I get a lot of questions on culture for Japanese maples (Acer palmatum and related species group). One of the most important things you can do for your plants is to WATER them amply. Abundant water, and regularly available water are necessary for good growth. Good drainage is important as well, but most problems with these easy care plants is that the watering is less than their needs. Many inexperienced people often first think some kind of disease is affecting their plants. That may or not be true, and most often they observe dying branches as a result of verticillium wilt, but they do not even consider watering their plants more and consistently. Maples like water, but do not like to have wet feet(water logged roots). Almost any soil is suitable for good growth(they live in many soil types in the native range), but they all get ample water(think monsoon) and good drainage. So if you are having problems with growing your maples, first try an easy change in your care methods…water them more than you do. As long as excess water drains away, it should do no harm and you will see a healthier appearance of your plants and possibly more new growth(second growth flush in summer).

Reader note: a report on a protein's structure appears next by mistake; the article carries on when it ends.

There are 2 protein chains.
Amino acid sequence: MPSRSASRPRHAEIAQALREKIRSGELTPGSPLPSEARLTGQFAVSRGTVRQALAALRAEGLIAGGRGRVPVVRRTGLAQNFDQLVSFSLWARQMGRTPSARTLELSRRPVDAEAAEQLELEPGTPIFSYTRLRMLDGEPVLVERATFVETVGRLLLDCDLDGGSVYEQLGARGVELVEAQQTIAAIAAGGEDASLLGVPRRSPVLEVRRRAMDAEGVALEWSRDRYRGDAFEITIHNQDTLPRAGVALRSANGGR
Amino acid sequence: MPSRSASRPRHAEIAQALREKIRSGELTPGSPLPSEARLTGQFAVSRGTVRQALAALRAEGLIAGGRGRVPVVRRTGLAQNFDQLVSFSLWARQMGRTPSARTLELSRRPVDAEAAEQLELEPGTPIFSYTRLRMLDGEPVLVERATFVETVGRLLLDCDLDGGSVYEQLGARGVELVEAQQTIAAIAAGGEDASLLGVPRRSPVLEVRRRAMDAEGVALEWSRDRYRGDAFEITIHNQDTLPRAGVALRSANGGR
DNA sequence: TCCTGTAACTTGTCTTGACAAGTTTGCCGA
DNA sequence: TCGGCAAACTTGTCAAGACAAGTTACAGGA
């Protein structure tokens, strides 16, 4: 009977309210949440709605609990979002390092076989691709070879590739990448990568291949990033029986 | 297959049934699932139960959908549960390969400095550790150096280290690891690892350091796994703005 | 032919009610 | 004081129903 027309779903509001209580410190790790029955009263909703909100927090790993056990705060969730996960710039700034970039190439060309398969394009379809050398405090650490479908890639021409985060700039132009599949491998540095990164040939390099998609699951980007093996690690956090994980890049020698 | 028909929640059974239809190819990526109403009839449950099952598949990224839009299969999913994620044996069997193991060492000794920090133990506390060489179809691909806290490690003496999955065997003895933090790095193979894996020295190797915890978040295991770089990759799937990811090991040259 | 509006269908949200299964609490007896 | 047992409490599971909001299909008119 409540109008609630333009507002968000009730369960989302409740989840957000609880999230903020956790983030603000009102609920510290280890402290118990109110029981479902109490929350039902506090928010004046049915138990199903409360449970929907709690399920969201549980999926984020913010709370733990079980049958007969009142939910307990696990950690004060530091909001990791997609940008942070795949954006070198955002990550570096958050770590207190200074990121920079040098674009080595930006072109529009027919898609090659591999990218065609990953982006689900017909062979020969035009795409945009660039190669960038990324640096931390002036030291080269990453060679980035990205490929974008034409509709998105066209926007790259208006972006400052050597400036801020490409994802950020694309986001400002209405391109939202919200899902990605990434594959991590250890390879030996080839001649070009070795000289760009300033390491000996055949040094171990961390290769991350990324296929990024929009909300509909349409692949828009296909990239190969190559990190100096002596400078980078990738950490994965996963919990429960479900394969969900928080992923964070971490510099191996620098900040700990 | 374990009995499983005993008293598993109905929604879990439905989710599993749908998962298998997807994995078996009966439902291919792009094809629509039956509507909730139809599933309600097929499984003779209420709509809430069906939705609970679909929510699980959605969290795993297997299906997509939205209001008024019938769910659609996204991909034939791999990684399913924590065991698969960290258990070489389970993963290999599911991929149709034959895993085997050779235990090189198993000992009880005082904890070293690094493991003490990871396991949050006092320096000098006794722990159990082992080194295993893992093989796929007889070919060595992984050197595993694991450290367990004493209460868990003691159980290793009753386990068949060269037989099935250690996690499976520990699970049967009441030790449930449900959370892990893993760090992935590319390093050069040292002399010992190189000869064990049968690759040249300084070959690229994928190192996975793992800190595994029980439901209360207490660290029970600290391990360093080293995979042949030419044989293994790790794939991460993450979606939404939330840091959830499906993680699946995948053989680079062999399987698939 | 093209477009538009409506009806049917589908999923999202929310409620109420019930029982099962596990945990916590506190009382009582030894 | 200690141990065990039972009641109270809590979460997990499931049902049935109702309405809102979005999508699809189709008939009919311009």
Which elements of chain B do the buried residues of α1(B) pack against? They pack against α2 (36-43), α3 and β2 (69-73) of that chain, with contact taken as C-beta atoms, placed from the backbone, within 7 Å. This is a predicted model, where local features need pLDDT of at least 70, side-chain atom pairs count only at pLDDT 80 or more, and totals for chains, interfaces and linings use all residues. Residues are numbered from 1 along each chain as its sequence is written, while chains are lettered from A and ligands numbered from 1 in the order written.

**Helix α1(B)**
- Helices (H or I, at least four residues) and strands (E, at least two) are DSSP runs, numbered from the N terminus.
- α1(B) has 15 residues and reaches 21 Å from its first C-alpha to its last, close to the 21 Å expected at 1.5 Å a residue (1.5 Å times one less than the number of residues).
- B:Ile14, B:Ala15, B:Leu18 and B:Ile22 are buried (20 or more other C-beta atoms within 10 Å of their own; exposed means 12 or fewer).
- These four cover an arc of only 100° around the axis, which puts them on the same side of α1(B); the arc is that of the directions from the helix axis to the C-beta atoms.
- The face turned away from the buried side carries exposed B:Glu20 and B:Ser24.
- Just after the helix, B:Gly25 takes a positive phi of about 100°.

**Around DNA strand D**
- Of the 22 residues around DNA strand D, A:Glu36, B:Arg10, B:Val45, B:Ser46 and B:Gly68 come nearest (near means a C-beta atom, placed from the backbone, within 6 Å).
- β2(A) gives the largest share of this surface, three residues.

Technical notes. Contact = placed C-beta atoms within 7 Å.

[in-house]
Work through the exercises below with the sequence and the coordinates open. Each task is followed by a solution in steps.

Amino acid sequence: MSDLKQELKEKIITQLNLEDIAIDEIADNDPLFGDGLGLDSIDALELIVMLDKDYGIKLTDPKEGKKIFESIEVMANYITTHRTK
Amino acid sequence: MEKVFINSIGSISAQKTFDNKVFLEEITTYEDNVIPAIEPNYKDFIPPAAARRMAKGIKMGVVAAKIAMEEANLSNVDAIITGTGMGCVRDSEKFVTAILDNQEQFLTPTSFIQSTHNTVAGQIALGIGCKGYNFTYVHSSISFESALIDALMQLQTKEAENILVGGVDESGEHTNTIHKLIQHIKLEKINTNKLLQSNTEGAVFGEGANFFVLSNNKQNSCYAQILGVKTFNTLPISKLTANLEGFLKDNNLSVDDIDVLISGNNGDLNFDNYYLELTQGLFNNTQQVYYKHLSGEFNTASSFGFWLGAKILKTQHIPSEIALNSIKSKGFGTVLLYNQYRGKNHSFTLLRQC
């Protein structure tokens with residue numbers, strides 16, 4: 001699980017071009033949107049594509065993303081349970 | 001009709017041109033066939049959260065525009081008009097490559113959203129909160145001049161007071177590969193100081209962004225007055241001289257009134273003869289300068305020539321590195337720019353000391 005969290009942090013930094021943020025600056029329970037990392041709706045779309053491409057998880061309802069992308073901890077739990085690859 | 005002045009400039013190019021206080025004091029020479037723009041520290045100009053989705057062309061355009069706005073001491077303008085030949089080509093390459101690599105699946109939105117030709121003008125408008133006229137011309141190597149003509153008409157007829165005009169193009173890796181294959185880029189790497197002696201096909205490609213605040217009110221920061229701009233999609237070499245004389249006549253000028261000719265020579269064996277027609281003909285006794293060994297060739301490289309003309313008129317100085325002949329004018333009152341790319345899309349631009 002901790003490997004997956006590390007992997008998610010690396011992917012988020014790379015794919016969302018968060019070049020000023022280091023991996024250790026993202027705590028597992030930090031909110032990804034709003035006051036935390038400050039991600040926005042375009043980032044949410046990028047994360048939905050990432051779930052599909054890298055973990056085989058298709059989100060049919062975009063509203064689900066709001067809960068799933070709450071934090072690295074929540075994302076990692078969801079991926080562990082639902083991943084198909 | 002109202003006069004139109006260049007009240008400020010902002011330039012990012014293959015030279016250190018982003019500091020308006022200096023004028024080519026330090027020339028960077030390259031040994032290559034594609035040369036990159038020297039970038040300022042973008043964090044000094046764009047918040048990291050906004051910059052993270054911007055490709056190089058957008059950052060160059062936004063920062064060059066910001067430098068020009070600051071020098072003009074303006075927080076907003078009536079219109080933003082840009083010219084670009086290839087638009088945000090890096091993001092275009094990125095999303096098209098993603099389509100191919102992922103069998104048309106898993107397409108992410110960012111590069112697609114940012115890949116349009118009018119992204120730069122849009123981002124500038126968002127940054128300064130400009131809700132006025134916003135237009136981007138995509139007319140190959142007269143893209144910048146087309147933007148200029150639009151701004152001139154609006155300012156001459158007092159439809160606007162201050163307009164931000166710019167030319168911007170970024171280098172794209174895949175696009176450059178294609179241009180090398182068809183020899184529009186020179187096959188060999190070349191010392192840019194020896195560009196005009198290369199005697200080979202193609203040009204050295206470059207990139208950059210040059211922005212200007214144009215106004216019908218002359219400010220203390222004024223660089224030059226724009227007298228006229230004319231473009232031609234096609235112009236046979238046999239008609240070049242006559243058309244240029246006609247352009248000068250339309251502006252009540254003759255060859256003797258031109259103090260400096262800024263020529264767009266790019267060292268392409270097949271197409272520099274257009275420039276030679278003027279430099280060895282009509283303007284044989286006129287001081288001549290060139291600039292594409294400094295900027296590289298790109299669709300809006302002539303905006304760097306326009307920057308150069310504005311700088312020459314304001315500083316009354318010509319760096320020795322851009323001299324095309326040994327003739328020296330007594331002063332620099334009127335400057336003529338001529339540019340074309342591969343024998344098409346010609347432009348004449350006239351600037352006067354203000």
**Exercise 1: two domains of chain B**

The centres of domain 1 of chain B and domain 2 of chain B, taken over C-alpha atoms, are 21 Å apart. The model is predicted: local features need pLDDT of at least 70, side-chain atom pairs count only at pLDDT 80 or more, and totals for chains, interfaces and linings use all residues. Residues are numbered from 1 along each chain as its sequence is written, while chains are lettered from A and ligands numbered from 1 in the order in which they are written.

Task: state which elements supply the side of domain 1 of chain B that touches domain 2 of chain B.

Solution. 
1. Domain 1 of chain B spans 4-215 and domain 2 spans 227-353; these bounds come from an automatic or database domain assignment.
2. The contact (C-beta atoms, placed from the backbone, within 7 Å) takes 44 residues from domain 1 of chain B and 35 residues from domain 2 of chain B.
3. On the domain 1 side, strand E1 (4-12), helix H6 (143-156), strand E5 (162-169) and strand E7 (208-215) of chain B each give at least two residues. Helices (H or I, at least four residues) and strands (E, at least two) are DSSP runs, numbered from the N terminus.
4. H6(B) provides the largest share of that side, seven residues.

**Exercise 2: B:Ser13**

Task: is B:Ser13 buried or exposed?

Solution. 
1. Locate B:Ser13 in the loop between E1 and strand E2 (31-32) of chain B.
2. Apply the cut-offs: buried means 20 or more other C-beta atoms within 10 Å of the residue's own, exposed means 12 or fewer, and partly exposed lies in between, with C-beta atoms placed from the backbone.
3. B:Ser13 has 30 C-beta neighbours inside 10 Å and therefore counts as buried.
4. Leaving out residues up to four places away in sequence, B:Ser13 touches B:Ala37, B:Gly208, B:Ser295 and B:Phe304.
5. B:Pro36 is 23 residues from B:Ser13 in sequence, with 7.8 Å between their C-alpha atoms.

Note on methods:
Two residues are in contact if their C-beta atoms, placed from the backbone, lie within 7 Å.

Fertilizing is recommended by some large growers, but if you soil is reasonably fertlie, only a small amount of supplemental fertilizing may be appreciate by your plants. Maples are not heavy feeders. And timing of the fertlizer application is important in your specific climate area. Seasoned maple growers will not fertlize their plants until in midsummer when there is active root and top growth. Watering the plant first to hydrate it is important, then apply the fertilizer (never use foliage fertilizers as they will burn the leaves), and then water the fertilizer in again after application. I prefer to use the ‘less is more’ technique, applying less than recommended on a more frequent basis. A little fertilizer goes a long way. Think of fertilizer as salt(which it is) and how a wound touched by salts stings you… the same with roots…. excess or dry plant roots burn with too much fertlizer salts.